With exceptional timing, Storm Aileen breezed into Scotland on Wednesday - National Cycle to Work Day. I dared myself to cycle all the way to the Scottish Parliament from home in Stirlingshire and managed the 48 miles in a little over 3 hours. Given I'm middle aged, average fitness and borderline overweight, cycling even a couple of miles to work is still worth a go and not beyond what most people can do with the right support and facilities from their employer.
While my soggy legs would definitely be in favour of shifting Cycle to Work Day to summer next year, there is a wider point to consider. Cycling short distances to work, school or the shops is a great way to build a bit of exercise into your daily routine. It’s free and great for your health.
According to research by Cyclescheme, the average commute burns 235 calories and 8 out of 10 cyclists say their daily ride makes them less stressed in the office. A study by the University of Glasgow followed more than 250,000 commuters in the UK over five years, looking at their walking, cycling, driving and public transport habits. It found that bike commuting was associated with a lower risk of being diagnosed with heart disease or cancer, or dying of any cause during the five-year period. In short, a little bit of regular cycling keeps you fit and helps you live longer.
Many people who might be persuaded to give regular cycling a go are put off by the risk on the roads. This is where the Scottish Government needs to step up a gear. I heard last week’s Programme for Government described by some as “the greenest ever” but upon close scrutiny I think there’s still a hill to climb.
The First Minister spoke of increasing investing in cycling and walking but it still represents a tiny proportion of the transport budget, with motorways keeping the lion’s share. We really need a big shift in priorities, and a move from building more roads to maintaining what we’ve got, if we’re to see the transformation in our cycling infrastructure that will persuade more people out of cars and onto bikes.
For many people commuting longer distances by bike isn’t always going to be the easiest option. But that shouldn’t mean we ignore the opportunity to provide alternatives to the car.
Less enlightened politicians have been clamouring to open the original Forth Road Bridge to cope with the extra traffic generated by the spectacle of the Queensferry Crossing. This would be like trying to lose weight by loosening one’s belt. If you create more capacity, you generate more traffic, not less.
The answer is right in front of us, or rather beside us, as we cross these road bridges - the rail bridge. Investment in rail capacity has lagged, and far too many people are put off because they’ve been stuck on overcrowded trains, sometimes so full they don’t stop at stations, ruining people’s plans for the day.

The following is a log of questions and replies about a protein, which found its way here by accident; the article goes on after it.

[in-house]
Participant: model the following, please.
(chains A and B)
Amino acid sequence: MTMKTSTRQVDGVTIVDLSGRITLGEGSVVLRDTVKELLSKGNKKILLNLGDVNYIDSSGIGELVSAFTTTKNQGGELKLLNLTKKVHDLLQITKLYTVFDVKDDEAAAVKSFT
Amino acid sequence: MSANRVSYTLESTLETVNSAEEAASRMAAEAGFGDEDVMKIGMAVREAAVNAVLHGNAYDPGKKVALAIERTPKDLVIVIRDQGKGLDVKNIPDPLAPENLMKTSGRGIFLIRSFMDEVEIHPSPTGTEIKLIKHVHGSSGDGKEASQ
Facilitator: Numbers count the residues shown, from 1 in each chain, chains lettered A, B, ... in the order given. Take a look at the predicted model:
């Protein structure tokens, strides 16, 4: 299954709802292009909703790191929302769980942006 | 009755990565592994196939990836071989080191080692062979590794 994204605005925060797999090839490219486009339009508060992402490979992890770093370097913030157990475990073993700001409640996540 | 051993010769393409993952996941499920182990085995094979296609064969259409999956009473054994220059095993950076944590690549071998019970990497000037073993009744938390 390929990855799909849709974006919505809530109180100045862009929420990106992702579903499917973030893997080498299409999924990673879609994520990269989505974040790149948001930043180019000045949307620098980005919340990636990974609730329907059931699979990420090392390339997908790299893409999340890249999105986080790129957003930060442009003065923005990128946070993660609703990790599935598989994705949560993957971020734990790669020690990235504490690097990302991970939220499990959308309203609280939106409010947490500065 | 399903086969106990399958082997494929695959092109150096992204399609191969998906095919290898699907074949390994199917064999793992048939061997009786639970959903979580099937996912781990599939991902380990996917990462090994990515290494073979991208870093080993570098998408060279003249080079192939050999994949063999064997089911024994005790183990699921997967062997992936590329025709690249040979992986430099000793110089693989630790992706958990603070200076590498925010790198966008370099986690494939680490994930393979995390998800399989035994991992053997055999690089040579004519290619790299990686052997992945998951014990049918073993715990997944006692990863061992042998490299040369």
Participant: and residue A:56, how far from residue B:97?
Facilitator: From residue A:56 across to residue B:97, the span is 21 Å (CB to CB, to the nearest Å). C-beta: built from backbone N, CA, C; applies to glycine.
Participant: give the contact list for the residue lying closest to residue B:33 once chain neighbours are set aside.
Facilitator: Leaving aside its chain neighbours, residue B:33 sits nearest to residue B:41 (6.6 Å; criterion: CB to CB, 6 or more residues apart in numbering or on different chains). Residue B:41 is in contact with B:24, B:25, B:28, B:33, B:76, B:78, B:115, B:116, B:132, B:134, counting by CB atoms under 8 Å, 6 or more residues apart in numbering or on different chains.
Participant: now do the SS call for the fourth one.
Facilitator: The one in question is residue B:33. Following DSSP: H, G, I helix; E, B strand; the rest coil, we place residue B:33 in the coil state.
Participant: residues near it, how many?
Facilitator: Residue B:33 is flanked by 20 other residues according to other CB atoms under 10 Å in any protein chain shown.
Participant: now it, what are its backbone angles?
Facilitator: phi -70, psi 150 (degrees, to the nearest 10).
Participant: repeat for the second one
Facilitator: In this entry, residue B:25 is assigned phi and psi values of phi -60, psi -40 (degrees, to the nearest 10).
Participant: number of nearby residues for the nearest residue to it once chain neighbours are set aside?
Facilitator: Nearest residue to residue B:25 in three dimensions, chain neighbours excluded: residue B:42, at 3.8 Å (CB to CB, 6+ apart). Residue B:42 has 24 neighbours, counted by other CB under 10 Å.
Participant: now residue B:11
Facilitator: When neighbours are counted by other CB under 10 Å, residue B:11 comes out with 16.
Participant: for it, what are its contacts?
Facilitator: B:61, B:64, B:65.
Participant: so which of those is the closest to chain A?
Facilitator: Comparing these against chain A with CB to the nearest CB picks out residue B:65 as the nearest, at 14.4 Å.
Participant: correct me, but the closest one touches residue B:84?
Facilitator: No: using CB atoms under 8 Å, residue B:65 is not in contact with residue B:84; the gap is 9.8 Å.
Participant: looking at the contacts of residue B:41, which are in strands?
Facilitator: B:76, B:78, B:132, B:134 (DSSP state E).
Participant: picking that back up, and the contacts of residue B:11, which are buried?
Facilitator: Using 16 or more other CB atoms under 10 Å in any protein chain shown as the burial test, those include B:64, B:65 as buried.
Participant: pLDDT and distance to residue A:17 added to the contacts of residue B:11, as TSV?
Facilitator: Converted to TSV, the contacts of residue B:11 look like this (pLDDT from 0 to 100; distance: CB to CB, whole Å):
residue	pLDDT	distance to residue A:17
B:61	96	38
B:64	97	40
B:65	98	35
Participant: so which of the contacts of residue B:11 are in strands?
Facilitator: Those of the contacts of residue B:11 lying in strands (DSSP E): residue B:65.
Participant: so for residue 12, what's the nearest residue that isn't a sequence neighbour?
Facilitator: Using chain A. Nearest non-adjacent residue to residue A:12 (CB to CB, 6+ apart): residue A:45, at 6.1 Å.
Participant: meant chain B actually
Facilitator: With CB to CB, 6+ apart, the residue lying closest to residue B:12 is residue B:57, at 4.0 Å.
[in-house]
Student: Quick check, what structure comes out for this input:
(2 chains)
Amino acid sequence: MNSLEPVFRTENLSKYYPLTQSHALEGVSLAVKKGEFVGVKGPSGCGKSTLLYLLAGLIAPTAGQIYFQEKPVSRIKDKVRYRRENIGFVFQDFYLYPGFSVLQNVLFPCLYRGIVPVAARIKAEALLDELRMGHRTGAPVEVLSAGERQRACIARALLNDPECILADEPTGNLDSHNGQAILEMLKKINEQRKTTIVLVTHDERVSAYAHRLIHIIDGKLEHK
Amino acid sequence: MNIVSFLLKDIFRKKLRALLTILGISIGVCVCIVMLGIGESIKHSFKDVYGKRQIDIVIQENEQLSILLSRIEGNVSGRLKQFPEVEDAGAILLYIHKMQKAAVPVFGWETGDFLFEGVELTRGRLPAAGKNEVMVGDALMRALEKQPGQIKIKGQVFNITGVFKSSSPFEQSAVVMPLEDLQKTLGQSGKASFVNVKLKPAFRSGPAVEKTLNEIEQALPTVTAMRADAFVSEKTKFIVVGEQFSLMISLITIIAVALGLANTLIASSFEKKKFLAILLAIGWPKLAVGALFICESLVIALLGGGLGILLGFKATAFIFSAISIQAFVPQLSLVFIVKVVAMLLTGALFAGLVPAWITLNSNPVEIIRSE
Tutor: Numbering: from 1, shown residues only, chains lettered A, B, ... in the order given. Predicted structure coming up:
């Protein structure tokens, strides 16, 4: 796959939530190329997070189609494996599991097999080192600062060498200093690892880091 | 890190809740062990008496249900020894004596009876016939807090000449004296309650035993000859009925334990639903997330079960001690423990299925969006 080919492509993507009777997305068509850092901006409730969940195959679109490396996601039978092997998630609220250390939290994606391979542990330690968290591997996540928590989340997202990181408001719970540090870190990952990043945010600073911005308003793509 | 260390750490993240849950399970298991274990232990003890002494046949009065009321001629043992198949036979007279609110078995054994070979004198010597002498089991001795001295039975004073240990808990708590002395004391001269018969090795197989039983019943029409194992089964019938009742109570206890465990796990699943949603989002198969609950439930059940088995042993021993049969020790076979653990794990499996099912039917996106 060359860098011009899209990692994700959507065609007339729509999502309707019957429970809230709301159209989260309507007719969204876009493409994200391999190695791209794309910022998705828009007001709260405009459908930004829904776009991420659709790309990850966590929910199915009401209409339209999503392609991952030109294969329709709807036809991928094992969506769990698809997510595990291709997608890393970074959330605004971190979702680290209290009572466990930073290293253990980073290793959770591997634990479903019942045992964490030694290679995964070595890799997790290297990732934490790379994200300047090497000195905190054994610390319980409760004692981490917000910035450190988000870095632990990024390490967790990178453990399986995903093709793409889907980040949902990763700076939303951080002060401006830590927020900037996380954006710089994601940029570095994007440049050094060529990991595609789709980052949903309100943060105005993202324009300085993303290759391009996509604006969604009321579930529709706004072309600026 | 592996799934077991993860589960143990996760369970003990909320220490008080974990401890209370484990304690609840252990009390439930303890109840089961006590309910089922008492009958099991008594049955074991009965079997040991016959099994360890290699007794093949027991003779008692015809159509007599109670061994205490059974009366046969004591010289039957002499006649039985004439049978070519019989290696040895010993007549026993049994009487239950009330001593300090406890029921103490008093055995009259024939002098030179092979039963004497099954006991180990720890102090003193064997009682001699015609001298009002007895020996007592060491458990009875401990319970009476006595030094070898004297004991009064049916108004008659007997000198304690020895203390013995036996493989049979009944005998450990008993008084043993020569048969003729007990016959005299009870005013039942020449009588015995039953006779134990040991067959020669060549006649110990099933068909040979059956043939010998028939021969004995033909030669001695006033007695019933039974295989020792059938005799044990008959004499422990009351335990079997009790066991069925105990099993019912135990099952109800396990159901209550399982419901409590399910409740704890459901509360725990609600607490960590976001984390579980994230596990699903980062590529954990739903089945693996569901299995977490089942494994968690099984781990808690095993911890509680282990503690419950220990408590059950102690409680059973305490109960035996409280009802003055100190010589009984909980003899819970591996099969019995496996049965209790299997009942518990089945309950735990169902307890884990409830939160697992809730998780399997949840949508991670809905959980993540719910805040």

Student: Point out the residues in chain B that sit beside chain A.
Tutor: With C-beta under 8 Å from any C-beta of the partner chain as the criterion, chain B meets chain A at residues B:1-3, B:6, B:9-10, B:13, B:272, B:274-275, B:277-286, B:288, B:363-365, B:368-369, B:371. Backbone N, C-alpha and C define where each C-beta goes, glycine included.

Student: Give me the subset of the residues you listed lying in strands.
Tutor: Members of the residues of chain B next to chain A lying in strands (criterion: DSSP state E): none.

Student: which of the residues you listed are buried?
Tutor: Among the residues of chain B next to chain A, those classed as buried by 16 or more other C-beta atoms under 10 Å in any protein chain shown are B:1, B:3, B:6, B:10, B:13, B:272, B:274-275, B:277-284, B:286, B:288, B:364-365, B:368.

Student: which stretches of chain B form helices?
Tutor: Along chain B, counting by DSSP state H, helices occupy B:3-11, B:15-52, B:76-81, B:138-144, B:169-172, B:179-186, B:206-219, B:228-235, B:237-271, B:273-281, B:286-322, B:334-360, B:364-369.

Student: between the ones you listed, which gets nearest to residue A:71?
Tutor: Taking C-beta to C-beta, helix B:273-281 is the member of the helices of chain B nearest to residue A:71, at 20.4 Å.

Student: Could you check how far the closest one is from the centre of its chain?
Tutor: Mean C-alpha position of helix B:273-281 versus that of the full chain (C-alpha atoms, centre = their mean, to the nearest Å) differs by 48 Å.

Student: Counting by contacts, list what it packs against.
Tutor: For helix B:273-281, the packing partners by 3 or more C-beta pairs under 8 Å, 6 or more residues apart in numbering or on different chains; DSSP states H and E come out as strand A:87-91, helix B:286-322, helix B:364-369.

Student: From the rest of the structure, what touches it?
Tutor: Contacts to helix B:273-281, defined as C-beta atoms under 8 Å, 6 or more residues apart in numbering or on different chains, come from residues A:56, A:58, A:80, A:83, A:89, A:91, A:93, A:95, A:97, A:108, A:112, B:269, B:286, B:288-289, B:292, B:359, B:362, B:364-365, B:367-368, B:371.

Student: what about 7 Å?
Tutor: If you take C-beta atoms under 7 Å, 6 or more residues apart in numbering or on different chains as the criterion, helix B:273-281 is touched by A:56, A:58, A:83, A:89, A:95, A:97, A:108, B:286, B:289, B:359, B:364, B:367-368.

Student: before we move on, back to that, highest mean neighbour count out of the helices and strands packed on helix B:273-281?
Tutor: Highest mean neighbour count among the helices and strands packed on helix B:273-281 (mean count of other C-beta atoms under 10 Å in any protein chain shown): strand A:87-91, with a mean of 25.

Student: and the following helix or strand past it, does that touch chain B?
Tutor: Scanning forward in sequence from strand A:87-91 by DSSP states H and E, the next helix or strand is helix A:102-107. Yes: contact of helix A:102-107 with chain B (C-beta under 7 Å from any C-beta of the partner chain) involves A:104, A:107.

Increasing the frequency of services is one thing but we should also reopen old lines and new stations. In Edinburgh, there’s a case for a south suburban circle, while in Glasgow there’s the long-discussed option of Crossrail, linking Queen Street and Central stations. In my own patch, I’ve long supported the campaign to reinstate passenger services on the Alloa to Dunfermline and Levenmouth lines. The re-opening of Alloa station ten years ago has been a huge success, and we need to continue to build on this and open up new employment and investment opportunities between Clackmannanshire and West Fife.
Meanwhile, the aim of electric vehicles replacing petrol and diesel is welcome but it won’t address congestion.
One way we can make our communities greener and safer right now is by setting a speed limit that make sense. 30mph has been the default since the 1930s, and it seems to be a speed that was plucked out of thin air. We know that lower speeds give people, especially children and the elderly, a greater chance of surviving a collision with a vehicle.
I’ve had over 2,000 responses to the consultation on my proposed Member’s Bill on the issue, with many highlighting incidents in which children have been knocked down and killed, and long-running campaigns by individuals and community groups who have been bogged down by the current lengthy and costly process of applying for a 20mph zone.
Councils from Shetland to Glasgow are all supportive of my bill's aim, and no councils have said they oppose it.
When it comes to fairer, greener ways of travelling, we still have a journey ahead of us.
This article first appeared in The National.